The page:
A doozy of a cold deserves a dose of love
Columnist Dan Conradt says that on the other side of the clouds and the sneezes, there’s always a suddy day.
Ordinarily the sound of the refrigerator door opening would have sent me running for the kitchen. Giving a 4-year-old the run of the house rarely ends well.
I peeled back the quilt and started to sit up, then admitted defeat, sank back into bed and pulled the quilt up to my chin.
Cold. I was so cold …
The TV in the living room was playing softly, and if I’d had the energy I would have felt guilty that it was doing my job and I wasn’t. Some kids were singing “Sunny Day / sweepin' the clouds away …“ Most days Steven and I would be sitting on the couch, singing along with them.
I sneezed twice, coughed a couple of times and felt the first dull throb of a headache.
Footsteps came down the hallway and the hinges squealed as the bedroom door was pushed open.
“Dad?” a cautious voice asked. “Are you awake?”
Rolling over seemed like too much work, so I didn’t: “Uh-huh.”
“I brought you some juice.”
And some of the clouds were swept away.
I’d first felt the tickle in the back of my throat three days earlier. It seemed undecided whether it wanted to turn into something more or go away. I was halfway through my workday when it decided to turn into something more, and it was making up for lost time.
“Are you sure you don’t want me to stay home?” Carla asked after we finished lunch and she got ready to go to work.
“No, I’m fine,” I fibbed. It came out as “I’b fide” as my head rapidly swelled with what my mom would have called “a doozy of a cold.”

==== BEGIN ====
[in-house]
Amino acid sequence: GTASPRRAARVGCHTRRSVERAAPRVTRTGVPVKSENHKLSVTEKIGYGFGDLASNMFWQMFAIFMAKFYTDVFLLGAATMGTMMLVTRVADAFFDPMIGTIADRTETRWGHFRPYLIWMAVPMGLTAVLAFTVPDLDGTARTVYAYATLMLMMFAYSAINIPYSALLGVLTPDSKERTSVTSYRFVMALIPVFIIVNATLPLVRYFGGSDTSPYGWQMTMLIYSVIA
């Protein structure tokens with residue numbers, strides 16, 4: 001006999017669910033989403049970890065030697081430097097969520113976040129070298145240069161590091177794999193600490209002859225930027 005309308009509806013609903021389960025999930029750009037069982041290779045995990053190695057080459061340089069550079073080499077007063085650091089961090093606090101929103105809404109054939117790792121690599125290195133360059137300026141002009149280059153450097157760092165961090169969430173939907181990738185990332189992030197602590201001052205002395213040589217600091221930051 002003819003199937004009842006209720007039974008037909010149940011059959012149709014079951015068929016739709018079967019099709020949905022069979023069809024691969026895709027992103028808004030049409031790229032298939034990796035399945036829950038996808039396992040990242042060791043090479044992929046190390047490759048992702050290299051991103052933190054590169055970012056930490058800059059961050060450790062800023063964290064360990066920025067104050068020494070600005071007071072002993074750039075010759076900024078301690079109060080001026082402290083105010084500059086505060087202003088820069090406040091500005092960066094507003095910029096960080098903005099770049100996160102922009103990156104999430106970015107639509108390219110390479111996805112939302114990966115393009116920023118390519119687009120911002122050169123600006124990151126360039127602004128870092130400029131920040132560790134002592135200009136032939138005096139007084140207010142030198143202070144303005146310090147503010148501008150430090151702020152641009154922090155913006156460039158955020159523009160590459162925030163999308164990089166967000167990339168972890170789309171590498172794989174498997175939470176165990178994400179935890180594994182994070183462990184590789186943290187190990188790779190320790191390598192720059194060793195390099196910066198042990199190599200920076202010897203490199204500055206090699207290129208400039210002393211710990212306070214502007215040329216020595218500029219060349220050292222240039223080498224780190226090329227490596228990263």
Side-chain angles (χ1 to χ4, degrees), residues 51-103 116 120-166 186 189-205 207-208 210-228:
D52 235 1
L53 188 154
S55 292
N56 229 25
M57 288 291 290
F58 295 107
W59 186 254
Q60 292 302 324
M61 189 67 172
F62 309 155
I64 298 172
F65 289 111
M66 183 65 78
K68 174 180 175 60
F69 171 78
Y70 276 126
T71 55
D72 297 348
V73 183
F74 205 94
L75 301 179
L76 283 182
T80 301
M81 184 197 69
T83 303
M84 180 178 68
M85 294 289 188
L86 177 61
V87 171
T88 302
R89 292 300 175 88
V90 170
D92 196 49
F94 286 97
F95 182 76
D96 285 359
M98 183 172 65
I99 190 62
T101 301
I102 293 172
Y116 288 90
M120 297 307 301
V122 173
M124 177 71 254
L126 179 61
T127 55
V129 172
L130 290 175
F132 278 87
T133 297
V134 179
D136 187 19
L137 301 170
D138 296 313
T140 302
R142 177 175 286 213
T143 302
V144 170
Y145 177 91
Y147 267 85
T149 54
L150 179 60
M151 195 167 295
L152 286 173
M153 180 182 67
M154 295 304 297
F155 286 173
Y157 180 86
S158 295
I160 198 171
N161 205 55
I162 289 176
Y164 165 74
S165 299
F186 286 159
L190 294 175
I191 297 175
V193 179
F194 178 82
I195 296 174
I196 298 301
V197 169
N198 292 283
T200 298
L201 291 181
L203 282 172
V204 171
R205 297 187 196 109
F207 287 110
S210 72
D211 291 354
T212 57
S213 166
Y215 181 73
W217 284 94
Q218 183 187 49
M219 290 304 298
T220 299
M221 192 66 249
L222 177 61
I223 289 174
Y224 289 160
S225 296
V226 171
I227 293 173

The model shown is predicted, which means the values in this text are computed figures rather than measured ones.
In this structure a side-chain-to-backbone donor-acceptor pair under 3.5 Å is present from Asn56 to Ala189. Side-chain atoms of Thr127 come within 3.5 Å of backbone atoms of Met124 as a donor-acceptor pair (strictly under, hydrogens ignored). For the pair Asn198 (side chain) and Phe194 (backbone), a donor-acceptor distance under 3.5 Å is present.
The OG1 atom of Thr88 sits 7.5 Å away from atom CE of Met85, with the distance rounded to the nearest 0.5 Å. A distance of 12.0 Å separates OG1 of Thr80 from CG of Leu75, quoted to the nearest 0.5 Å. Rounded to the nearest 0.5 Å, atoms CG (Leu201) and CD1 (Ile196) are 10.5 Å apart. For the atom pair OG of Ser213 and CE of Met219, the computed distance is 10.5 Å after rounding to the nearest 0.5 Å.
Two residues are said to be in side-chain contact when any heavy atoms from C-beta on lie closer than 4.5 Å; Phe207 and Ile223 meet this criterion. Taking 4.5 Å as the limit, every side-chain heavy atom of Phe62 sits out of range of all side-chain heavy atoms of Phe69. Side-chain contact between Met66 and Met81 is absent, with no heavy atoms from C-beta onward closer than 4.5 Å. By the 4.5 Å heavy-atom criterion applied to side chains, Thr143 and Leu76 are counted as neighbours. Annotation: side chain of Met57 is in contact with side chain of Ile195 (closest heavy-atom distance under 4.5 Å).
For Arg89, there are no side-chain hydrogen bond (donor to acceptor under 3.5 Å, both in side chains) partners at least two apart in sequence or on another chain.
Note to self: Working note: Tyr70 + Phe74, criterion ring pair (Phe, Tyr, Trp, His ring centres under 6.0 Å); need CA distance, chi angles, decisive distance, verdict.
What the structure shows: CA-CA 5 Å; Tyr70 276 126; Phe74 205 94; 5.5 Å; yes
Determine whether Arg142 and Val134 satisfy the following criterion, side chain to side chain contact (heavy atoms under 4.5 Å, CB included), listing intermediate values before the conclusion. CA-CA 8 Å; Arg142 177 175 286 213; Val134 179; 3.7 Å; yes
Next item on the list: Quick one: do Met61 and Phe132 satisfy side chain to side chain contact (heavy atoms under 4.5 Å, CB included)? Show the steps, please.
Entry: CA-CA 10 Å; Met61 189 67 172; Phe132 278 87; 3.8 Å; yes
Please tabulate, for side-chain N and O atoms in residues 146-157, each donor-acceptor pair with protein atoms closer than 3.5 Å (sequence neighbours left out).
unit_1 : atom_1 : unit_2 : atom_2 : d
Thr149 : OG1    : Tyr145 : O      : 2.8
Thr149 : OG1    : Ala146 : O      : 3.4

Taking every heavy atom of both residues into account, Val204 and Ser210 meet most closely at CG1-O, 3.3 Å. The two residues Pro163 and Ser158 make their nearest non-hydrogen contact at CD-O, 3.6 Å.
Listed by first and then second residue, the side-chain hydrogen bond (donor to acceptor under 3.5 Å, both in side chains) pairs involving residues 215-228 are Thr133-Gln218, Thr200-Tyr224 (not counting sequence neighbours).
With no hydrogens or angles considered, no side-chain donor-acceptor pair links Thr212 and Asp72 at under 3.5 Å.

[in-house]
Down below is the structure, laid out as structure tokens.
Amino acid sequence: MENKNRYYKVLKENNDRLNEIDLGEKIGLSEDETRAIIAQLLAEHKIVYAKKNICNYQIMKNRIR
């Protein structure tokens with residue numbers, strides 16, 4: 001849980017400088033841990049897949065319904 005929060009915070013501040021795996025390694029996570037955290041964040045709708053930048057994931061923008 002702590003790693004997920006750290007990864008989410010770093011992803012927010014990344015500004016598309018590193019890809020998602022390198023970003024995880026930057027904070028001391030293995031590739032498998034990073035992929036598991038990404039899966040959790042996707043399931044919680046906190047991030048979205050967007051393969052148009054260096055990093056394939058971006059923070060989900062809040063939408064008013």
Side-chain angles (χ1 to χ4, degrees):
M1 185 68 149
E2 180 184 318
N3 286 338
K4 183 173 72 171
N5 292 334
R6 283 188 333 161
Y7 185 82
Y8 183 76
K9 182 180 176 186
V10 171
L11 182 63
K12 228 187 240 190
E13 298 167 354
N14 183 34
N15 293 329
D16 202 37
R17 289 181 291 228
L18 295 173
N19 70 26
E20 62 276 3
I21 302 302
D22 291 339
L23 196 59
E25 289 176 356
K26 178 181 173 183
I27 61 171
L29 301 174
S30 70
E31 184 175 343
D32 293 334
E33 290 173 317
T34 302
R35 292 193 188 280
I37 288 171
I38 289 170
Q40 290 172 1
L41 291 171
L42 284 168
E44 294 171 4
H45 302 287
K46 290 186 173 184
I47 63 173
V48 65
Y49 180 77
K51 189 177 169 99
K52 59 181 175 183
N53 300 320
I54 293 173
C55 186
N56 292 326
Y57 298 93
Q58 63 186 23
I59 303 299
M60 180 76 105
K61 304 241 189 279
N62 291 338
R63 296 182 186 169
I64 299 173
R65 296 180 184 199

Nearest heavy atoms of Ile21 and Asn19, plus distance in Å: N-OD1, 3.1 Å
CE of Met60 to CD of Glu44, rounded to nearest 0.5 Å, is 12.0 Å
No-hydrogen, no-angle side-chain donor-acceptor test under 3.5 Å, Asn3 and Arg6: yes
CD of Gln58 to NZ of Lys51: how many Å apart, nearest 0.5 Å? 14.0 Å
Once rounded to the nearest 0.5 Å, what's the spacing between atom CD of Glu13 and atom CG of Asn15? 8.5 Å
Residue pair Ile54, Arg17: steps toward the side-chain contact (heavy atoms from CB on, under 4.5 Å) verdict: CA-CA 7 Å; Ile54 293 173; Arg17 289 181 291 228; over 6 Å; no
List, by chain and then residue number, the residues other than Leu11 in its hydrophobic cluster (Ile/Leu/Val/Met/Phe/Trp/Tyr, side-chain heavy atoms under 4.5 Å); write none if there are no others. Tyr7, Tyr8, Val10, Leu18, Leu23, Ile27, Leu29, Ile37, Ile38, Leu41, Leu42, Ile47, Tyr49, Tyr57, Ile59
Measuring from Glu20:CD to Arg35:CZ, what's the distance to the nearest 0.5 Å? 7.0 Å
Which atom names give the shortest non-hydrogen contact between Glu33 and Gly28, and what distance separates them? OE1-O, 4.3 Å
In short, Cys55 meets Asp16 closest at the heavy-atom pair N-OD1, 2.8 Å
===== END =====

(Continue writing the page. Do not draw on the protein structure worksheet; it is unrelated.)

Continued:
“OK,“ Carla said skeptically. “But if you need anything, call me and I’ll come home.”
She paused at the door and turned back to Steven: “Dad doesn’t feel well,” she said. “Be a good boy.”
“I will,” he promised.
Then it was just the two of us, and one of us was miserable.
I pulled my worn bathrobe out of the closet. It was my grown-up version of Steven’s blankie, and always made me feel better. Until today.
“Steven, I’m going to lay down for a few minutes,” I said. He smiled at being called “Steben”.
My few minutes turned into more than an hour and showed no signs of ending until the juice delivery.
I fluffed the pillow, pulled myself into a sitting position and leaned against the wall.
Steven climbed up onto the bed after handing me a glass of cold orange juice with lots of pulp.
Best. Juice. Ever.
“You’d make a good doctor, Steven,” I said, giving each word a mushy, congested pronunciation that sounded funny even to my ears. “Thanks for taking such good care of me.”
“You’d do the same thing for me,” he said with a smile.
For the rest of my life, I thought.
“Let’s go get some more juice,” I said, pushing myself out of bed. Maybe it won’t be such a doozy after all.
And on the other side of the clouds and the sneezes, there’s always a suddy day.
Dan Conradt, a lifelong Mower County resident, lives in Austin with his wife, Carla Johnson.